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 Post subject: memset_s
PostPosted: Wed Dec 28, 2016 7:56 am 
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C11 introduces memset_s, memcpy_s etc...
What do I need to do differently in the implementation to make sure that calls to these aren't optimized away? Can I just call my existing memset and let the compiler handle everything?

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 Post subject: Re: memset_s
PostPosted: Wed Dec 28, 2016 8:08 am 
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Your question is missing a lot of context:

  • What compiler are you using?
  • What is the implementation you are talking about of, a standard library or is it just user code that calls these functions?
  • Why are you worried about the compiler optimizing these calls away? In which way is this hurting you?

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 Post subject: Re: memset_s
PostPosted: Wed Dec 28, 2016 8:10 am 
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Love4Boobies wrote:
Your question is missing a lot of context:

  • What compiler are you using?
  • What is the implementation you are talking about of, a standard library or is it just user code that calls these functions?
  • Why are you worried about the compiler optimizing these calls away? In which way is this hurting you?


Sorry. I'm using GCC and this is the libc in my kernel. I wanted to implement these methods because of security reasons.

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 Post subject: Re: memset_s
PostPosted: Wed Dec 28, 2016 8:28 am 
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So I guess you aren't worried about these calls being optimized away, you are worried that GCC will use its built-in implementations instead of your own. (Personally, I'm not even convinced that is something you should be afraid of.) The answer is the same for memset_s as it is for memset. The option you are looking for is -fno-builtin, which is implied by -ffreestanding, which you should already be using.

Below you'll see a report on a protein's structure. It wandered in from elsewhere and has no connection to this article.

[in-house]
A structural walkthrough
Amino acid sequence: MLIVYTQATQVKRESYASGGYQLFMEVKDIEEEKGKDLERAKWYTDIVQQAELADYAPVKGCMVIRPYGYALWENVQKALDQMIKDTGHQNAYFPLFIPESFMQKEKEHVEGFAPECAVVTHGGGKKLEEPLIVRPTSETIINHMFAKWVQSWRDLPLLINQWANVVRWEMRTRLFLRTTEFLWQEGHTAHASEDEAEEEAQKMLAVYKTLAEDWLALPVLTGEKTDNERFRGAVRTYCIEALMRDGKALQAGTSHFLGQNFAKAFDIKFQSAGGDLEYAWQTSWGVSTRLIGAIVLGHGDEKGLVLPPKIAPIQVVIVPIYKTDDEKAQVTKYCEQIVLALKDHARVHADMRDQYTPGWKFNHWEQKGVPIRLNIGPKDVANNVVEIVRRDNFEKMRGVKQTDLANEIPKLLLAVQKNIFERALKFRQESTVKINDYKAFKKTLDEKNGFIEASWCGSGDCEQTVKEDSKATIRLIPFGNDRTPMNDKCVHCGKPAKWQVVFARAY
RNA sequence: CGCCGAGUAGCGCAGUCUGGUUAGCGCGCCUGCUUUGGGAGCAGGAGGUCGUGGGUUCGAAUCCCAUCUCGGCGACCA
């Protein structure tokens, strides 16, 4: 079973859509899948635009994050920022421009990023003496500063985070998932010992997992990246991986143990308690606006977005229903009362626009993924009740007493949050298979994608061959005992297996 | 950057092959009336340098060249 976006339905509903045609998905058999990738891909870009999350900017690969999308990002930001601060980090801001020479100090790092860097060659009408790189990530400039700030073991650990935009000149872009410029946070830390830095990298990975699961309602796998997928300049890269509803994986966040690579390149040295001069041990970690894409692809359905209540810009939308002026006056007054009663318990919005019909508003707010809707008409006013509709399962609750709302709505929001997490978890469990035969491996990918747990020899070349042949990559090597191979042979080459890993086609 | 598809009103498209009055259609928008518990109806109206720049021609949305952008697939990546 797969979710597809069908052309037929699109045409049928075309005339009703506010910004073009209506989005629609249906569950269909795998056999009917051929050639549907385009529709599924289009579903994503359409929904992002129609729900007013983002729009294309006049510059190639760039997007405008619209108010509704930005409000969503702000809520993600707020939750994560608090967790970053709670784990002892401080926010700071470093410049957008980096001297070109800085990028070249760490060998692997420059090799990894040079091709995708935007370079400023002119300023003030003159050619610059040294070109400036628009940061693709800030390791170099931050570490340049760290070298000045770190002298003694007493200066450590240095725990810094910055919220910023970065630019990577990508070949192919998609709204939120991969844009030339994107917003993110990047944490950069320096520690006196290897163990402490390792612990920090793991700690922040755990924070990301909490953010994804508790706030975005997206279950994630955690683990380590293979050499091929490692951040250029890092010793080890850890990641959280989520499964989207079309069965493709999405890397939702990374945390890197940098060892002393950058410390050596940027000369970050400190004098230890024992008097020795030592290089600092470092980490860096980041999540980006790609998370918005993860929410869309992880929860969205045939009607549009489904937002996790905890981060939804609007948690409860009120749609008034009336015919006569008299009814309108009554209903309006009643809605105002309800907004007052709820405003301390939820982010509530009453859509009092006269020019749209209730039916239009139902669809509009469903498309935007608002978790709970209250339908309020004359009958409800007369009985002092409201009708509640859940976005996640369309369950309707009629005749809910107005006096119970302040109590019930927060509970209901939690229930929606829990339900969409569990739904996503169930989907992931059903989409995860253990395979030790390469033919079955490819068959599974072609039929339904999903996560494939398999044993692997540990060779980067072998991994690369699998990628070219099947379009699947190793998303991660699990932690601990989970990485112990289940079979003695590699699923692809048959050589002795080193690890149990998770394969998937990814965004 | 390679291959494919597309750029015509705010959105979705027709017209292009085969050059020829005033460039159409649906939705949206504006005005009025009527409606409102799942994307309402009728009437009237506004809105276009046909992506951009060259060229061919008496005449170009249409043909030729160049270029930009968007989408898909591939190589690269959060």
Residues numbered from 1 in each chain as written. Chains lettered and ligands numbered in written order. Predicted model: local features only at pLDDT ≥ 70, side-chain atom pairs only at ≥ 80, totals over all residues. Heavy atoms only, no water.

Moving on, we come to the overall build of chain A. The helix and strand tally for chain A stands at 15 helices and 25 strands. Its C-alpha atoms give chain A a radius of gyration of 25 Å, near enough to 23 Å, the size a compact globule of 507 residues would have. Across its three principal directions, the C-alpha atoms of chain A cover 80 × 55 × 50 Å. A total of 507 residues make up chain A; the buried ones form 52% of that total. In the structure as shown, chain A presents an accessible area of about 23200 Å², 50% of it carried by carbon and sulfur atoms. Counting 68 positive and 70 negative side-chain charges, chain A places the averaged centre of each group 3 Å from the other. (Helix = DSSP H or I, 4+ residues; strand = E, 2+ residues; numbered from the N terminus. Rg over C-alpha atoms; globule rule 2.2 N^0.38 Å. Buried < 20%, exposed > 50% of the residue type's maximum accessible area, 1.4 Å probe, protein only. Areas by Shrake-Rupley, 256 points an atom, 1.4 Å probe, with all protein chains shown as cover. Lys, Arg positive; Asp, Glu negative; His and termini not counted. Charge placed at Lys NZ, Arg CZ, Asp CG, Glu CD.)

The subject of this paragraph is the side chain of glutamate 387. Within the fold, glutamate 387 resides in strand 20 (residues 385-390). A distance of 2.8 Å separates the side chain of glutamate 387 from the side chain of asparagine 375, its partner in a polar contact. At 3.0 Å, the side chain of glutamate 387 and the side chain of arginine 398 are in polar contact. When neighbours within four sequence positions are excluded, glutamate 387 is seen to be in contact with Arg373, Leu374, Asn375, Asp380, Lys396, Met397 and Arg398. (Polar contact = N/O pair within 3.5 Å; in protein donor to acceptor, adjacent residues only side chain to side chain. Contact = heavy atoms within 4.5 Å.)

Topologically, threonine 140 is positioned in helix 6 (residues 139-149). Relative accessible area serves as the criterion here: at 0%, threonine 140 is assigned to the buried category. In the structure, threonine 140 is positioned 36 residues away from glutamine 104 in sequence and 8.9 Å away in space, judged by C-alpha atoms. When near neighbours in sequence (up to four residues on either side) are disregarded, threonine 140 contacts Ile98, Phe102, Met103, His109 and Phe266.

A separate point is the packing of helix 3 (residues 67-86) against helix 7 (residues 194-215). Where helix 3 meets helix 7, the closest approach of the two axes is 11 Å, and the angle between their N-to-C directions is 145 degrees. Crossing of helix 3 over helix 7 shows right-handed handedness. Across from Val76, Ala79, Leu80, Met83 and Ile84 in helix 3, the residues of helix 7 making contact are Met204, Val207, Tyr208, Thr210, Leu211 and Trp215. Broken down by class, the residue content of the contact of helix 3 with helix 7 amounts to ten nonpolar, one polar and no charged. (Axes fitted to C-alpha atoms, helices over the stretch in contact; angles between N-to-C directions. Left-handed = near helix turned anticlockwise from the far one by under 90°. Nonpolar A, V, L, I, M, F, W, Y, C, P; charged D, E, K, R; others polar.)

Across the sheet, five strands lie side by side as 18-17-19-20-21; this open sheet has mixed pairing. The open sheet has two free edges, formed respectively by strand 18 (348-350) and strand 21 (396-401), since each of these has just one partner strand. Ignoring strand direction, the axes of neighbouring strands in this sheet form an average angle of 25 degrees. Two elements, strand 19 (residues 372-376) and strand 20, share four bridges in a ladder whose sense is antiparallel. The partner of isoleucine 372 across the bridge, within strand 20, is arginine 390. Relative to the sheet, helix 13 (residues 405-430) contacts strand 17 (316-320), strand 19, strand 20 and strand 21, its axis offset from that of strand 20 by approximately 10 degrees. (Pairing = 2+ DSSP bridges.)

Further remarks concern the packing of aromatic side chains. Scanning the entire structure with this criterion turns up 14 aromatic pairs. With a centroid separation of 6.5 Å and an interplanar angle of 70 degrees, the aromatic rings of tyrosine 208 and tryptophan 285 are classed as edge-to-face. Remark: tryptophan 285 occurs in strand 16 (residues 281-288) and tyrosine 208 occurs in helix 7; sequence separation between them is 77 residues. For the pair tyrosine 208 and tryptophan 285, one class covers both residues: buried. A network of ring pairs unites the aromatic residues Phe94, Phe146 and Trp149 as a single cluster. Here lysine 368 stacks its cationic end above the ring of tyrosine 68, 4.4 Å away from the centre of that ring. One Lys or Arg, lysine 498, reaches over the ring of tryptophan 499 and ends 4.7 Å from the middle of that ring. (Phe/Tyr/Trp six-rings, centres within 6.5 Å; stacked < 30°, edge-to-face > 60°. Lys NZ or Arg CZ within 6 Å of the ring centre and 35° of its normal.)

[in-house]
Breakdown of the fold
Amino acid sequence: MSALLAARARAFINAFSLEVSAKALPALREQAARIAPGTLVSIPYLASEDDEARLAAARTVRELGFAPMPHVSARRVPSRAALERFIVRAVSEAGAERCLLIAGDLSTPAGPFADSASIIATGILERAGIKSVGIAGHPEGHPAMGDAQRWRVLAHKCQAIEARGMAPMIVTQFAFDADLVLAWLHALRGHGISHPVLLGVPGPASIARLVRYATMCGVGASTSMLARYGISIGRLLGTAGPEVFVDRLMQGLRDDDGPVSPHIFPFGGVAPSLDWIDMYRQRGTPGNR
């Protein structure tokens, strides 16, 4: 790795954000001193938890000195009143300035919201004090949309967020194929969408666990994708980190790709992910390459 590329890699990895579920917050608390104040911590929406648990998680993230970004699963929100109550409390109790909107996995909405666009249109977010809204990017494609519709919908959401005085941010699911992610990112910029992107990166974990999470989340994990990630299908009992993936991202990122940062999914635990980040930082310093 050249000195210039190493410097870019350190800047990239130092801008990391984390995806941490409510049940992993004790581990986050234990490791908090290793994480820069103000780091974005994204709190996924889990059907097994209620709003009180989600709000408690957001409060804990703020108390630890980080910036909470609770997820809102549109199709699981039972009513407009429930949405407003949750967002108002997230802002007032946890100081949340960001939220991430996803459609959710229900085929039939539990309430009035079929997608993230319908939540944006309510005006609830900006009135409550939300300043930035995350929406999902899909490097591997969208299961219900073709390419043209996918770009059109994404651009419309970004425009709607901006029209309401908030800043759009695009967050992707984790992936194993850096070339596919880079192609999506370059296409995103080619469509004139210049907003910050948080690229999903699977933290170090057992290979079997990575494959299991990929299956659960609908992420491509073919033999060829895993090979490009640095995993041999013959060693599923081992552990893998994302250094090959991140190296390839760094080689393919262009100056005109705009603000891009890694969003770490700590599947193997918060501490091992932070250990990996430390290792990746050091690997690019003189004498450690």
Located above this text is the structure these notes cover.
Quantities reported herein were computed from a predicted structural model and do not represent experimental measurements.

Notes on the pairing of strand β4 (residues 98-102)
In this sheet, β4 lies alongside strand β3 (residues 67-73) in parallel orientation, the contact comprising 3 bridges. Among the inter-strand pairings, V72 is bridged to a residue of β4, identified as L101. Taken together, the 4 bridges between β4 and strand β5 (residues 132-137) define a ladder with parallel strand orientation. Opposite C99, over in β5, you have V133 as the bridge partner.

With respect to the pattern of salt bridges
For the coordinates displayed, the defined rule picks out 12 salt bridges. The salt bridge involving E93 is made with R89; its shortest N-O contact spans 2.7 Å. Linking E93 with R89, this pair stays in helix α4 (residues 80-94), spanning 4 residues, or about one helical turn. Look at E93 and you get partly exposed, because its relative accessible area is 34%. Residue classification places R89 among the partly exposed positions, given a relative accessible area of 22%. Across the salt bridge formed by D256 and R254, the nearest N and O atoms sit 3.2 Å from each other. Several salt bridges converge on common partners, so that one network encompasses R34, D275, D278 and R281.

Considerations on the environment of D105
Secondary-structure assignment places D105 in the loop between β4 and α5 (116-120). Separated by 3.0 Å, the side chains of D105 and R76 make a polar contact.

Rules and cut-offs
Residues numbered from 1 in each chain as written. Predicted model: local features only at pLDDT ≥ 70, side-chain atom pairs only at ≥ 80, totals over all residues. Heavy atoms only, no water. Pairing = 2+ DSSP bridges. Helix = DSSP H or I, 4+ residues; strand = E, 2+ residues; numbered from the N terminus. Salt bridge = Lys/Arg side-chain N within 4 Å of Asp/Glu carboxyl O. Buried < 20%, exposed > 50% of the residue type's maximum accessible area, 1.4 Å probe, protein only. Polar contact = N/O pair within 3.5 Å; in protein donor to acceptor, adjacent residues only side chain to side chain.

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 Post subject: Re: memset_s
PostPosted: Wed Dec 28, 2016 9:23 am 
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Love4Boobies wrote:
So I guess you aren't worried about these calls being optimized away, you are worried that GCC will use its built-in implementations instead of your own. (Personally, I'm not even convinced that is something you should be afraid of.) The answer is the same for memset_s as it is for memset. The option you are looking for is -fno-builtin, which is implied by -ffreestanding, which you should already be using.


Sorry again, I think you're right :oops:
I did some testing and it seems that even at -O3 it doesn't throw away my calls to memset.

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 Post subject: Re: memset_s
PostPosted: Wed Dec 28, 2016 9:29 am 
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If you want to be absolutely sure, let memset() call memset_s() instead of the other way round. The compiler might optimise away a memset(), but never a memset_s(). That's what you'll probably need to do in userspace where you don't use -ffreestanding.

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 Post subject: Re: memset_s
PostPosted: Fri Dec 30, 2016 5:29 am 
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Just to clarify....

The problem is known as dead store removal and owasp has a page on it...

https://www.owasp.org/index.php/Insecur ... timization

The problem has been known for years.... like at least since 2004...

http://www.open-std.org/jtc1/sc22/wg14/ ... /n1381.pdf

Here is a GPL licensed version of the function you asked about:

https://github.com/matrixssl/matrixssl/ ... memset_s.c

Alternately if you want to develop your own you can look at:

http://www.daemonology.net/blog/2014-09 ... uffer.html

While your test did not optimize the memset away with -O3, you are not guaranteed that it won't be when combined with more code - think link time optimizations, global optimizations, etc...

From a security and code review standpoint (since you mentioned security was a primary factor), have a full set of the *_s functions is better than hoping gcc gets it right.

You might also look at Frama-C as an adjunct to proving certain functions maintain their properties.

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 Post subject: Re: memset_s
PostPosted: Fri Dec 30, 2016 5:39 am